Biblio >> Student experiences and perceptions of digital technology in science practical assessments

Student experiences and perceptions of digital technology in science practical assessments

TitleStudent experiences and perceptions of digital technology in science practical assessments
Publication TypeConference Proceedings
Year2017
AuthorsBree RT, Healy E, Maguire M, Faller D, Harding N, Mulvihill A, Dowling D, Brazil D, Noonan G, Kavanagh Y, Bird J, Akande A, Doyle D
Conference NameEdTech 2017 ; TEL in an Age of Supercomplexity - Challenges, Opportunities and Strategies
Date Published06/2017
Conference LocationIT Sligo
Abstract

The laboratory practical plays a key role science education, with up to 50% of summative assessment potentially based on practical work. This assessment has the potential to enhance learning, however issues including over-assessment, surface approaches and lack of authenticity mean this is often not realised, however digital technologies offer real possibilities. Here, we report findings from a survey of undergraduate science students, conducted as part of the Technology Enhanced Assessment (TEAM in Science and Health, funded by the National Forum for the Enhancement of Teaching and Learning. The survey was distributed to undergraduate Science students in the four partner institutions (AIT, DkIT, IT Carlow and IT Sligo). A total of 637 students responded about their experiences of practical classes/assessment of practical work, their experience of, and attitudes towards, digital technologies in practical settings.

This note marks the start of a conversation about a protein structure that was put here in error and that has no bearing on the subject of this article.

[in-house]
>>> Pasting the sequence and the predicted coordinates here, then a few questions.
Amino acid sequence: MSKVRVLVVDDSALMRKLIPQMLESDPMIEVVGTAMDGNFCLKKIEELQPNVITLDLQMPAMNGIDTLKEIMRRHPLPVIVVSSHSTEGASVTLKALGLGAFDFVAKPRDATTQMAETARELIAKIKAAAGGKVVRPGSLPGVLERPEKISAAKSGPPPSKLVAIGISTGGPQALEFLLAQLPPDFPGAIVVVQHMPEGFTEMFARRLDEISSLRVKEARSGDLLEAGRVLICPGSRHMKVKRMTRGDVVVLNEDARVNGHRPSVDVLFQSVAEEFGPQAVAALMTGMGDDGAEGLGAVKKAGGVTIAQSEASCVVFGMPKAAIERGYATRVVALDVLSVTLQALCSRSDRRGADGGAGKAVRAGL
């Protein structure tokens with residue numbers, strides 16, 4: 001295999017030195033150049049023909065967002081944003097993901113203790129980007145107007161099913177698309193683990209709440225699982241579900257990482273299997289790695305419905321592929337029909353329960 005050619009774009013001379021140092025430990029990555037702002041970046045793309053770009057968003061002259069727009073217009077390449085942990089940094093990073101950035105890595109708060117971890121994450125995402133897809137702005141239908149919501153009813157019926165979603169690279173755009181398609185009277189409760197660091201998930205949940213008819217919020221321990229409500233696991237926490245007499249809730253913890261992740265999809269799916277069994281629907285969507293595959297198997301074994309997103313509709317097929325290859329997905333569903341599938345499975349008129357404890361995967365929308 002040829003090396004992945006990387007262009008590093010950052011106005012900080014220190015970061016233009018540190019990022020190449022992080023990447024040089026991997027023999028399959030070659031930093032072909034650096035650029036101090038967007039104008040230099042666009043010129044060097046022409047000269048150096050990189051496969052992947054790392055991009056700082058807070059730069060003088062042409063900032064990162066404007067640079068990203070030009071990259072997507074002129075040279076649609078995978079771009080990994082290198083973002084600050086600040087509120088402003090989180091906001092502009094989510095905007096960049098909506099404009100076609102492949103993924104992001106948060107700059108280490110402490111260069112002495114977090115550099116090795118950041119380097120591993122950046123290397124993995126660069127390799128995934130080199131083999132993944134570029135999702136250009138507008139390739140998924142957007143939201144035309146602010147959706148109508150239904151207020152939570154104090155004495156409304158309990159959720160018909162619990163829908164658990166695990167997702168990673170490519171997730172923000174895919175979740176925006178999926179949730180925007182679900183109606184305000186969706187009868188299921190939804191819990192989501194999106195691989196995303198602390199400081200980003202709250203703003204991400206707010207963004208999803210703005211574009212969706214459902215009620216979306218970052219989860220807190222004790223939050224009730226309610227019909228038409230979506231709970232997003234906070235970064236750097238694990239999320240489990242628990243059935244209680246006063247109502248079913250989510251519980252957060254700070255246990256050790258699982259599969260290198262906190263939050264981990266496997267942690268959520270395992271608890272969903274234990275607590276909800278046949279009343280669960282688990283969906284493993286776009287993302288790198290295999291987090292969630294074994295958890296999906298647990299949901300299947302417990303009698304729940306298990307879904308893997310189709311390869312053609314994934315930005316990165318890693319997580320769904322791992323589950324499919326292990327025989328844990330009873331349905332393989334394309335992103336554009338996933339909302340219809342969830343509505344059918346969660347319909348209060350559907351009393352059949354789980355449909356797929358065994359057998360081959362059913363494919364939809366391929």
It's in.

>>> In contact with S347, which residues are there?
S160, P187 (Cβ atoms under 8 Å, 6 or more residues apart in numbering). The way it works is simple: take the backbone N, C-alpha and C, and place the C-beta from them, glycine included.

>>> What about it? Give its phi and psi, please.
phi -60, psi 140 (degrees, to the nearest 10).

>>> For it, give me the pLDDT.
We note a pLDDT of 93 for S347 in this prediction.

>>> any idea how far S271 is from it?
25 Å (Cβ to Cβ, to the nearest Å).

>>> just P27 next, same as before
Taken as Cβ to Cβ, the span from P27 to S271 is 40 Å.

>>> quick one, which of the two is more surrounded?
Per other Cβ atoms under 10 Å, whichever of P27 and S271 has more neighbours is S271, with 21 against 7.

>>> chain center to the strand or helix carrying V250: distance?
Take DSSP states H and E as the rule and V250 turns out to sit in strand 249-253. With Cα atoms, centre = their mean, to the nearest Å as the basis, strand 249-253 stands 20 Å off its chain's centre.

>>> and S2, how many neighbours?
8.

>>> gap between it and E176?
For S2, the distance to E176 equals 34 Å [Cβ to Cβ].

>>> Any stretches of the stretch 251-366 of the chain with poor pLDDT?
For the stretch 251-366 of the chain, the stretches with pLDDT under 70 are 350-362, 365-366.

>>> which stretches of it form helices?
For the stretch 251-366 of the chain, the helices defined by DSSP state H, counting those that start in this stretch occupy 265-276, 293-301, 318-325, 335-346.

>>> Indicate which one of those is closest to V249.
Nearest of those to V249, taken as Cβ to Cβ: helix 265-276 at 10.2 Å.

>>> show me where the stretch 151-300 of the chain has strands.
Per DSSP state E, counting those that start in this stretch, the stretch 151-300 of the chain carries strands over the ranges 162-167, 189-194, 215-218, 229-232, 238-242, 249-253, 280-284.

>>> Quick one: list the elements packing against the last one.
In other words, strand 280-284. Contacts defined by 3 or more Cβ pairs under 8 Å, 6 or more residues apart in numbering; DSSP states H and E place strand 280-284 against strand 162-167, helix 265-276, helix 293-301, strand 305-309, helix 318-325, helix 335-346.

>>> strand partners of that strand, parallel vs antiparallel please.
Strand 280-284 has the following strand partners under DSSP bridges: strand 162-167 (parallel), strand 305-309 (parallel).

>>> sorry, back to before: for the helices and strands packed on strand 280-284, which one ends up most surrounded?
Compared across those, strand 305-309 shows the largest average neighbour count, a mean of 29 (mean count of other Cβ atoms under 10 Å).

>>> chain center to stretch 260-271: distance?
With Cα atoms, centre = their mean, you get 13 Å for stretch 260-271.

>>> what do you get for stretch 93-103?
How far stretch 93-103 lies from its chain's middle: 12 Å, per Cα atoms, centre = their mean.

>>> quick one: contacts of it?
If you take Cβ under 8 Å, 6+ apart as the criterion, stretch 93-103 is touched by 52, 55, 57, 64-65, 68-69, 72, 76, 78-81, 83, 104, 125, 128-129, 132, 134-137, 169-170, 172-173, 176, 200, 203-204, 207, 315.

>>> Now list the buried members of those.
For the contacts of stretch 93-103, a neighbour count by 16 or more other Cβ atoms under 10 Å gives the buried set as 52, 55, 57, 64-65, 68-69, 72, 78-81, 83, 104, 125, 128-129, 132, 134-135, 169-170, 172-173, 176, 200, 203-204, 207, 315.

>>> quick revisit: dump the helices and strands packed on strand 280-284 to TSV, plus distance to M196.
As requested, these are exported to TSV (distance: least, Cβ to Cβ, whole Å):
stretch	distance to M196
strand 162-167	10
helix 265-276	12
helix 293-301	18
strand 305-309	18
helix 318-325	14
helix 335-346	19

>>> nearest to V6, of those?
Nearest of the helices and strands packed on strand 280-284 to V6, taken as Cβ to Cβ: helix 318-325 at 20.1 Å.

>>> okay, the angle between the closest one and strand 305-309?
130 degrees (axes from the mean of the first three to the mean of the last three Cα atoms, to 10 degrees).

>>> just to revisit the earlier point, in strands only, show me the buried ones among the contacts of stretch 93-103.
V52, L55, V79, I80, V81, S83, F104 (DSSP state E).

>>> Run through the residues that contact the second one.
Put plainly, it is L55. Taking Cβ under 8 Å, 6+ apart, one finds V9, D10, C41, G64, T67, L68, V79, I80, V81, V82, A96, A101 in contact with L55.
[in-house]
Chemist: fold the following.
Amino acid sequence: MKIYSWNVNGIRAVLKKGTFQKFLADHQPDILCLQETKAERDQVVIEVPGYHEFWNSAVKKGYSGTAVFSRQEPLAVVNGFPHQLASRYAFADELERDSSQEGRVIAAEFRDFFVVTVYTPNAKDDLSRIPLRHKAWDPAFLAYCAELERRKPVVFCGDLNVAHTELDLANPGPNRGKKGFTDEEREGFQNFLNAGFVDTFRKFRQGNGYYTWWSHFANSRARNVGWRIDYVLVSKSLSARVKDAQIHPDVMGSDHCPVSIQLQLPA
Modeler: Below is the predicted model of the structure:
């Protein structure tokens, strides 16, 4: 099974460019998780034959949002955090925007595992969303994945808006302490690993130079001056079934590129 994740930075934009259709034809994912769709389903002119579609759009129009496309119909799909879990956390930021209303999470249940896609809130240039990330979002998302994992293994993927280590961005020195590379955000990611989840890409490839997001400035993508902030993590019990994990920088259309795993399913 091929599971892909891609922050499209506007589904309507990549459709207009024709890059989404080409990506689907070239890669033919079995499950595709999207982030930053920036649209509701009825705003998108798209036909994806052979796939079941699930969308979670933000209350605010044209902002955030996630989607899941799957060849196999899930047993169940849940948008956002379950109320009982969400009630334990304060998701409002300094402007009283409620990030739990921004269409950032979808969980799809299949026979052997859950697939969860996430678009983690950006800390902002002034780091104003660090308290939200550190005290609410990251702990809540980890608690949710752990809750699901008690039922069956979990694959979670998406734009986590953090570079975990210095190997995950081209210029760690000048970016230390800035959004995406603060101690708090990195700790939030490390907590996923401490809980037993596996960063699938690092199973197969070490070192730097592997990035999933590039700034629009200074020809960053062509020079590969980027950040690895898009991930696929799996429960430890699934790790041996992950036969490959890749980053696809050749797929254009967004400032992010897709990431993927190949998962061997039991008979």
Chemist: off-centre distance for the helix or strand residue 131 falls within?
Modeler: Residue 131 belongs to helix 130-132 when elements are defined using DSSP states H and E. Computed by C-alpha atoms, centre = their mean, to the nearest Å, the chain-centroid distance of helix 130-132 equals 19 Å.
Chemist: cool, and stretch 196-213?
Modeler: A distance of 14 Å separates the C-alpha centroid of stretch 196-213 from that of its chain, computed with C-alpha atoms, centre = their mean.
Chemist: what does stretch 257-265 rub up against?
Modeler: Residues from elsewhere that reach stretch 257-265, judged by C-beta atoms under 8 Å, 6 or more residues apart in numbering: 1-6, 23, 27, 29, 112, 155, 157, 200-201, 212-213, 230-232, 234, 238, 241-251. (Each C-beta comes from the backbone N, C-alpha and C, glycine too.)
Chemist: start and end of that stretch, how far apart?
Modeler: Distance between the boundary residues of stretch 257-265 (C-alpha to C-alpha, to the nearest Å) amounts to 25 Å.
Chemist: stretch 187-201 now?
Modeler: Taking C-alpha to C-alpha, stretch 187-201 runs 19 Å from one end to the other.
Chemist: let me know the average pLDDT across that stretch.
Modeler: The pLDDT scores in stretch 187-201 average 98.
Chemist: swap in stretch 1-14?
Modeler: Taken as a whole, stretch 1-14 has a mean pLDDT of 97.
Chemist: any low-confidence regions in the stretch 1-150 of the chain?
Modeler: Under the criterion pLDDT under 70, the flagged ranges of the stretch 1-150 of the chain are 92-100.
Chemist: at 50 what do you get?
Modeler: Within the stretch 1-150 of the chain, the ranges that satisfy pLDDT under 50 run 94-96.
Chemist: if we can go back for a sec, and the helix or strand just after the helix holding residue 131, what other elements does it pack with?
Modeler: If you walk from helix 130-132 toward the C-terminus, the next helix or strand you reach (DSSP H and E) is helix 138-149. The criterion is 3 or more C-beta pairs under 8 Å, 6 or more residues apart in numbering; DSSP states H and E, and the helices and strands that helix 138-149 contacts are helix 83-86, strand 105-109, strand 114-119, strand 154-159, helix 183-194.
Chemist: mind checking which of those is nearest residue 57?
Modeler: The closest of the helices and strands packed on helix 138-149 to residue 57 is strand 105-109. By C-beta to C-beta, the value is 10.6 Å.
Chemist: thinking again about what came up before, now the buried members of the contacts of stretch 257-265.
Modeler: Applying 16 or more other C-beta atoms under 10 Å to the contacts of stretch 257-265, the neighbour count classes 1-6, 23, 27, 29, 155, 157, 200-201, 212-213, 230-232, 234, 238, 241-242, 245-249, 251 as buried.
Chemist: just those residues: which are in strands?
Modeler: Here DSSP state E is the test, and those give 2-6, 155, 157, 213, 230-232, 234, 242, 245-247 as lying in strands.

The findings indicate that students have positive experiences and value the skills developed in practicals.  Students were positive about the nature/frequency of assessment, although there was considerable variability in views on self- and peer-assessment.   Students reported limited exposure to digital technologies; the most frequently reported were online quizzes and apps. Overwhelmingly, students agreed they would like to see more digital technologies used in practicals, although first years were significantly less likely to agree (p<.01).  Regarding specific technologies, the most popular were, in order, pre-practical videos, apps, virtual labs, online fora, Socrative (classroom response system) and online tests.  For each technology, while the response was favourable, a minority, sometimes substantial, did want to use that technology.